Fort Worth's Panther Island Strikes Out Again as U.S. Army Corps of Engineers Denies 2019 Funding - NBC 5 Dallas-Fort Worth
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Fort Worth's Panther Island Strikes Out Again as U.S. Army Corps of Engineers Denies 2019 Funding

Panther Island left off USACOE's 2019 "work plan"

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    Panther Island Strikes Out, Again Denied Federal Funding

    For the third year in-a-row Fort Worth's Panther Island project has failed to receive federal funding, raising more concerns about the future of the plan to re-shape the area just north of downtown Fort Worth. (Published Monday, Nov. 26, 2018)

    For the third year in-a-row Fort Worth’s Panther Island project has failed to receive federal funding, raising more concerns about the future of the plan to re-shape the area just north of downtown Fort Worth.

    In its newly released 2019 "work plan" budget the U.S. Army Corps of Engineers again left the Panther Island project off the list, deciding instead to direct federal flood prevention money to other projects across the country.

    Project planners at the Tarrant Regional Water District/Trinity River Vision Authority have been counting on more than $400 million in federal funds to finish the massive effort which is already underway.

    But on Monday a TRVA spokesman seemed to brush aside the latest denial of federal funds saying there was still good news for the project.

    “We look forward to continuing to work with The United States Army Corps of Engineers (USACE) on this important flood control project. USACE will continue to work on the Central City Project using previously appropriated federal funds. The great news is that we continue to move full speed ahead and follow our critical path schedule,” said Matt Oliver, a spokesman for the Trinity River Vision Authority.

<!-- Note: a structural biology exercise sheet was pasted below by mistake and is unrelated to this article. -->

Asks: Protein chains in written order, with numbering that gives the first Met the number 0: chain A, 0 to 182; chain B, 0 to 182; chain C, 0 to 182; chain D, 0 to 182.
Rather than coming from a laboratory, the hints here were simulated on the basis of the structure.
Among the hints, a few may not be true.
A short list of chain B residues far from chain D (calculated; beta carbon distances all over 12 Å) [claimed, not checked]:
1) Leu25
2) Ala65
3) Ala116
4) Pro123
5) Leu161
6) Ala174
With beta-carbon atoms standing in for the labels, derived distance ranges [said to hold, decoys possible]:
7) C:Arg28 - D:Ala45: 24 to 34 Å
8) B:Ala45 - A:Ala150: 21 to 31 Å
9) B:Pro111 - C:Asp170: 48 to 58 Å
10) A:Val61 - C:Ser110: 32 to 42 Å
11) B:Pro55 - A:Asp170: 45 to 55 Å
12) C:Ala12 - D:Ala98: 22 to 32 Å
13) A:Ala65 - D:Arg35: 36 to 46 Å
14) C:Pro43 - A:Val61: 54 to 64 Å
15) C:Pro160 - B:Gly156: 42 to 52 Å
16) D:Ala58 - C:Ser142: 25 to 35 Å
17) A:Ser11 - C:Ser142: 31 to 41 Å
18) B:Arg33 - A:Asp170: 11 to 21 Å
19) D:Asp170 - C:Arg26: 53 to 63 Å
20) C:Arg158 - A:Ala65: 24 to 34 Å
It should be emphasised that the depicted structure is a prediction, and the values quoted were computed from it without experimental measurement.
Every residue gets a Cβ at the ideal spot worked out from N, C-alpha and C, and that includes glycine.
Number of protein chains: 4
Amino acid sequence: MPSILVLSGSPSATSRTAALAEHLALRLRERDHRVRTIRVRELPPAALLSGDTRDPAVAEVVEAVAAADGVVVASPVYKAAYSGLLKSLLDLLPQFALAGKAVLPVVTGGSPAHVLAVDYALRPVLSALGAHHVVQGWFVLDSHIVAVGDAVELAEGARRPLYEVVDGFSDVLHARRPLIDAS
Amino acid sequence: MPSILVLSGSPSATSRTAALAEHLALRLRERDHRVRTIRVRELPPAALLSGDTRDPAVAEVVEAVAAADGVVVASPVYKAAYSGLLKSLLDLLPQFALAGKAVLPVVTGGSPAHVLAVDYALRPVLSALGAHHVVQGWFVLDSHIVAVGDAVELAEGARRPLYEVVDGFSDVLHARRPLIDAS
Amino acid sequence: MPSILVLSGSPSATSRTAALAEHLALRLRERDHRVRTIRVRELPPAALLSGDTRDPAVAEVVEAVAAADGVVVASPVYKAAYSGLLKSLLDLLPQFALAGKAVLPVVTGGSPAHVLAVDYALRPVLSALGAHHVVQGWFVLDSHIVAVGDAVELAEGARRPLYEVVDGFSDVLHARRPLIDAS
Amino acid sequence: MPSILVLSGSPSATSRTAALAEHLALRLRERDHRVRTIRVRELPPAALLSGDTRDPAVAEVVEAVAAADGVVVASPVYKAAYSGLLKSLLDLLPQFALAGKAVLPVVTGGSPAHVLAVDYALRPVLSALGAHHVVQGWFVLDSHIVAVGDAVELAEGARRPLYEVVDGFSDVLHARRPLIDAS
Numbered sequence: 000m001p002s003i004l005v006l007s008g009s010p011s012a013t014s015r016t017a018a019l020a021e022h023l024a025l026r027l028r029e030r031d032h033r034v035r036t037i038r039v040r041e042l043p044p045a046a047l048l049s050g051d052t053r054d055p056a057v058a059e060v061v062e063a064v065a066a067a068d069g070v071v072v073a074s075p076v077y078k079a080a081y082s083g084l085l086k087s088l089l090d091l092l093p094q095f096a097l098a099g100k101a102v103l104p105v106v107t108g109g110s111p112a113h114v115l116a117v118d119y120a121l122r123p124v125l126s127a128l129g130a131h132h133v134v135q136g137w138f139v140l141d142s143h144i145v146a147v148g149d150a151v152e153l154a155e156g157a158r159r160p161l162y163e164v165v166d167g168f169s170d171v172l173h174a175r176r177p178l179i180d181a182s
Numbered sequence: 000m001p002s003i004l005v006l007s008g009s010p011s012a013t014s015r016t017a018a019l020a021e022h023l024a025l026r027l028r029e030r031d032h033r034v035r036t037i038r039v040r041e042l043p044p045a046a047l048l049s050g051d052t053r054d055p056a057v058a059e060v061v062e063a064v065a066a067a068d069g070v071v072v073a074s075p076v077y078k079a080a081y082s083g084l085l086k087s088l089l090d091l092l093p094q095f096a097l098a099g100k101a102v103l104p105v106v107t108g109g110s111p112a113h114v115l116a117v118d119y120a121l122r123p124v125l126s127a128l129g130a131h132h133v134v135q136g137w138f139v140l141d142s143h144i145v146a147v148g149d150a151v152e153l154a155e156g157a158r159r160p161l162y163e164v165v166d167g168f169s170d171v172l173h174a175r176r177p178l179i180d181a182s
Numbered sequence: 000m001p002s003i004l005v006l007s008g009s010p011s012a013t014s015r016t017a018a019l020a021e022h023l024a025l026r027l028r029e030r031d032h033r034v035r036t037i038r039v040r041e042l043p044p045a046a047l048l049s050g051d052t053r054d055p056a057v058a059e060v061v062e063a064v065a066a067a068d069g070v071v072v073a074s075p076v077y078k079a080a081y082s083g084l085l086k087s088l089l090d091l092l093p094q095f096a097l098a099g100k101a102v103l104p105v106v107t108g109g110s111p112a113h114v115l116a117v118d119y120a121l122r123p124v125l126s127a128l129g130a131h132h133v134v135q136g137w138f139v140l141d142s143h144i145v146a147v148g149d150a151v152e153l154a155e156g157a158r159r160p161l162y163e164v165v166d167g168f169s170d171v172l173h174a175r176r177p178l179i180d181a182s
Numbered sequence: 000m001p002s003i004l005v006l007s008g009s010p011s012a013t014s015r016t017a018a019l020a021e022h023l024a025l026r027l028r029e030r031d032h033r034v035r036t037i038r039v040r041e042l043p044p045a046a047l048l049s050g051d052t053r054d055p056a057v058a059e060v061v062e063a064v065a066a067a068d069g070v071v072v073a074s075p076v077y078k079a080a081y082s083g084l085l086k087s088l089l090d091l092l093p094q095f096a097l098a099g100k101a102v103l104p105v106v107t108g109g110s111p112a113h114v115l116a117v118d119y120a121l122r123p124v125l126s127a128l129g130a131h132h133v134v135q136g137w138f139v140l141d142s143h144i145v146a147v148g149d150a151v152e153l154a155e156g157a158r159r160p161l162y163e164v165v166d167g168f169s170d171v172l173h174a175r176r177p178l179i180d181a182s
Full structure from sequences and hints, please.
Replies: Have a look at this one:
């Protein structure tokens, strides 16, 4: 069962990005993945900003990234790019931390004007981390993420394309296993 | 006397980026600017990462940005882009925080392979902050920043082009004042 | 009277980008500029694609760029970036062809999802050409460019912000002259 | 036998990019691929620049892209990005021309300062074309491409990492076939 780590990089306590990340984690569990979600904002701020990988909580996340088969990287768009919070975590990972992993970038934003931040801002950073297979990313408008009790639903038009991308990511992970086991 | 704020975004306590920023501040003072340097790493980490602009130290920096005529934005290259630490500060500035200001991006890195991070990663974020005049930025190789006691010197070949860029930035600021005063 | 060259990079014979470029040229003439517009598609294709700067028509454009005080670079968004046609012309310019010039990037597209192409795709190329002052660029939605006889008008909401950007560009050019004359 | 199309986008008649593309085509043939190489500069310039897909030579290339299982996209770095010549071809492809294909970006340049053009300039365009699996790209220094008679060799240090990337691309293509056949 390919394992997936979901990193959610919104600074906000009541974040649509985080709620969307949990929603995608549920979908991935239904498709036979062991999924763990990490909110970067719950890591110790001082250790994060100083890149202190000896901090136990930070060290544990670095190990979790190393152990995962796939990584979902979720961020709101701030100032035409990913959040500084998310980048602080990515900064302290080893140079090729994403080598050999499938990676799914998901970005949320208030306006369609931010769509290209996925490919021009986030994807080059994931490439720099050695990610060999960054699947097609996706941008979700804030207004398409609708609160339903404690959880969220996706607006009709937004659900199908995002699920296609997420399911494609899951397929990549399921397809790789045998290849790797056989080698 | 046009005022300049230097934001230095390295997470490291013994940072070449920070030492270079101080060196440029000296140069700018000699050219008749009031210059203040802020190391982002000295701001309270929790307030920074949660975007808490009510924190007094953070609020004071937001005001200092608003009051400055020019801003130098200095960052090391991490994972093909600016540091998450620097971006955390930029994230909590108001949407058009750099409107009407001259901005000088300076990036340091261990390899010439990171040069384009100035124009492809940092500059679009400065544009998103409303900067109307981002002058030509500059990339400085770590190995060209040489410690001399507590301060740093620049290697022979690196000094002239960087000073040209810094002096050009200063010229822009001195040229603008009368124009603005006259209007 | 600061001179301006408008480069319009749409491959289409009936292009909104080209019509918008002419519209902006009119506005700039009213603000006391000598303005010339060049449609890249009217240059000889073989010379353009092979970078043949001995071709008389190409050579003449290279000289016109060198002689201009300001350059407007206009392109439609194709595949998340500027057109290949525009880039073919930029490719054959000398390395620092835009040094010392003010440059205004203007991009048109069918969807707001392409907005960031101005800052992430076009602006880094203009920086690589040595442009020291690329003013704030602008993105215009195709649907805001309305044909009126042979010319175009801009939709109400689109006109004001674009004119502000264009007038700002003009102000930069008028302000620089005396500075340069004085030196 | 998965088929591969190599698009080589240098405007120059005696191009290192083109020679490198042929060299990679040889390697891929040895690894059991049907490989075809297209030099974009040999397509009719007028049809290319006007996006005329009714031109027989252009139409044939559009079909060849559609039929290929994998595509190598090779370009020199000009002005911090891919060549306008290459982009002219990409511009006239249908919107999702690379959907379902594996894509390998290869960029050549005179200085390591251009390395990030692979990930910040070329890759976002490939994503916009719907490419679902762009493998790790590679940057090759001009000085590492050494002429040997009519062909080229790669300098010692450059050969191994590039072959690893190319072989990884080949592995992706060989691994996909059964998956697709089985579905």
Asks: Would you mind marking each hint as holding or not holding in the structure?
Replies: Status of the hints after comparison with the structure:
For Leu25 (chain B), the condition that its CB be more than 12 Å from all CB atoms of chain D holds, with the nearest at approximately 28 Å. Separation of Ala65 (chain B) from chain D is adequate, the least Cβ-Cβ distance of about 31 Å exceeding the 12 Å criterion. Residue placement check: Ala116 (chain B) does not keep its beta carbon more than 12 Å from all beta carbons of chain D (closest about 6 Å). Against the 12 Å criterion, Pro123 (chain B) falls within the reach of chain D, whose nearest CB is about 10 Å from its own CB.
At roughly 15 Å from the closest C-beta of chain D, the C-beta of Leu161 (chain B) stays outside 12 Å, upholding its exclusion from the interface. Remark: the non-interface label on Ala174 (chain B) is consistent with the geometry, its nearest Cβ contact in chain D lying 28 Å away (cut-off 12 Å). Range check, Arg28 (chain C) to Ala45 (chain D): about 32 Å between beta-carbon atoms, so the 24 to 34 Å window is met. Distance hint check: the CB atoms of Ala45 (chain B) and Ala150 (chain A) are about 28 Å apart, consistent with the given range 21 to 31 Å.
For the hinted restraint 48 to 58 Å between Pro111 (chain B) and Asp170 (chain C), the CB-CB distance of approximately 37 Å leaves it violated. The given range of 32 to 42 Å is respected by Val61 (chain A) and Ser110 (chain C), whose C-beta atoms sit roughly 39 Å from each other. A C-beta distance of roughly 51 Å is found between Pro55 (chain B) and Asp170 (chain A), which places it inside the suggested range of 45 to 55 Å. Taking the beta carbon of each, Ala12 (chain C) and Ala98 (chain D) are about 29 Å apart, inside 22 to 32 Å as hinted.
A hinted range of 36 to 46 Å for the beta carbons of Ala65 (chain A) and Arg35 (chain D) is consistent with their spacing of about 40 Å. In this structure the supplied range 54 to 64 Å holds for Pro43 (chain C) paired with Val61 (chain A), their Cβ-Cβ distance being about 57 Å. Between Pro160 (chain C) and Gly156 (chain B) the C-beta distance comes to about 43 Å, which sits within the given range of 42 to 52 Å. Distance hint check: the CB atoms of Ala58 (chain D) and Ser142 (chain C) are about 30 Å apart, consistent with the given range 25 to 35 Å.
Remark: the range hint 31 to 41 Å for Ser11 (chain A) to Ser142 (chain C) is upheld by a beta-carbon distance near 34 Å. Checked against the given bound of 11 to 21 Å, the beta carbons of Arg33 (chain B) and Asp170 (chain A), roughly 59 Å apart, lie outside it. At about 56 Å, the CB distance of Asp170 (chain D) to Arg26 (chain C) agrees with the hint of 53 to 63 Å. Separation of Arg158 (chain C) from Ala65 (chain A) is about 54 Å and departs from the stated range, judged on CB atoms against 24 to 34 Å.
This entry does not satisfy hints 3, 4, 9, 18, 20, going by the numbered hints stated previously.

There are some existing federal funds to continue project planning, but without at least $250 million to dig the river bypass channel, the bridges now taking shape north of downtown may end up over dry land instead of the urban waterfront that planners have envisioned. Or, local officials may have to come up with another plan to fund additional aspects of construction.

    In Washington D.C., Panther Island has come under fire with some critics arguing the project is more about creating a luxury development than controlling floodwaters.

    Others have questioned whether federal funds should be spent on a project lead by the son of Congresswoman Kay Granger (R-Fort Worth). Her son, J.D. Granger leads the Trinity River Vision Authority.

    And, as NBC 5 Investigatesfirst reported last week, a third member of the Granger family will be soon be involved in the project as J.D. Granger is engaged to Shanna Cate, a project director at the TRVA who is also involved in various aspects of developing the island.

    “There is a lot of competition for these federal dollars going to Army Corps of Engineer projects so when you have something like a family member being involved and raising concerns about nepotism its just going to be another mark against the project,” said Steve Ellis, vice president of Taxpayers for Common Sense, a non-partisan watchdog group that has opposed the project.

    For more than two weeks, J.D. Granger and Rep. Kay Granger have not responded to NBC 5’s questions about the family’s involvement in the project. At a recent meeting J.D. Granger brushed aside questions saying the project is “doing well” because it has received some federal funds over the last 12 years.

    On Tuesday, members of the Tarrant Regional Water District Board are scheduled to meet to consider terms of a comprehensive review of the project, requested by Fort Worth Mayor Betsy Price who has raised concerns recently about the project’s prospects in Washington.

    Price was in city pension meetings late Monday and not available to comment on the latest federal funding decision.

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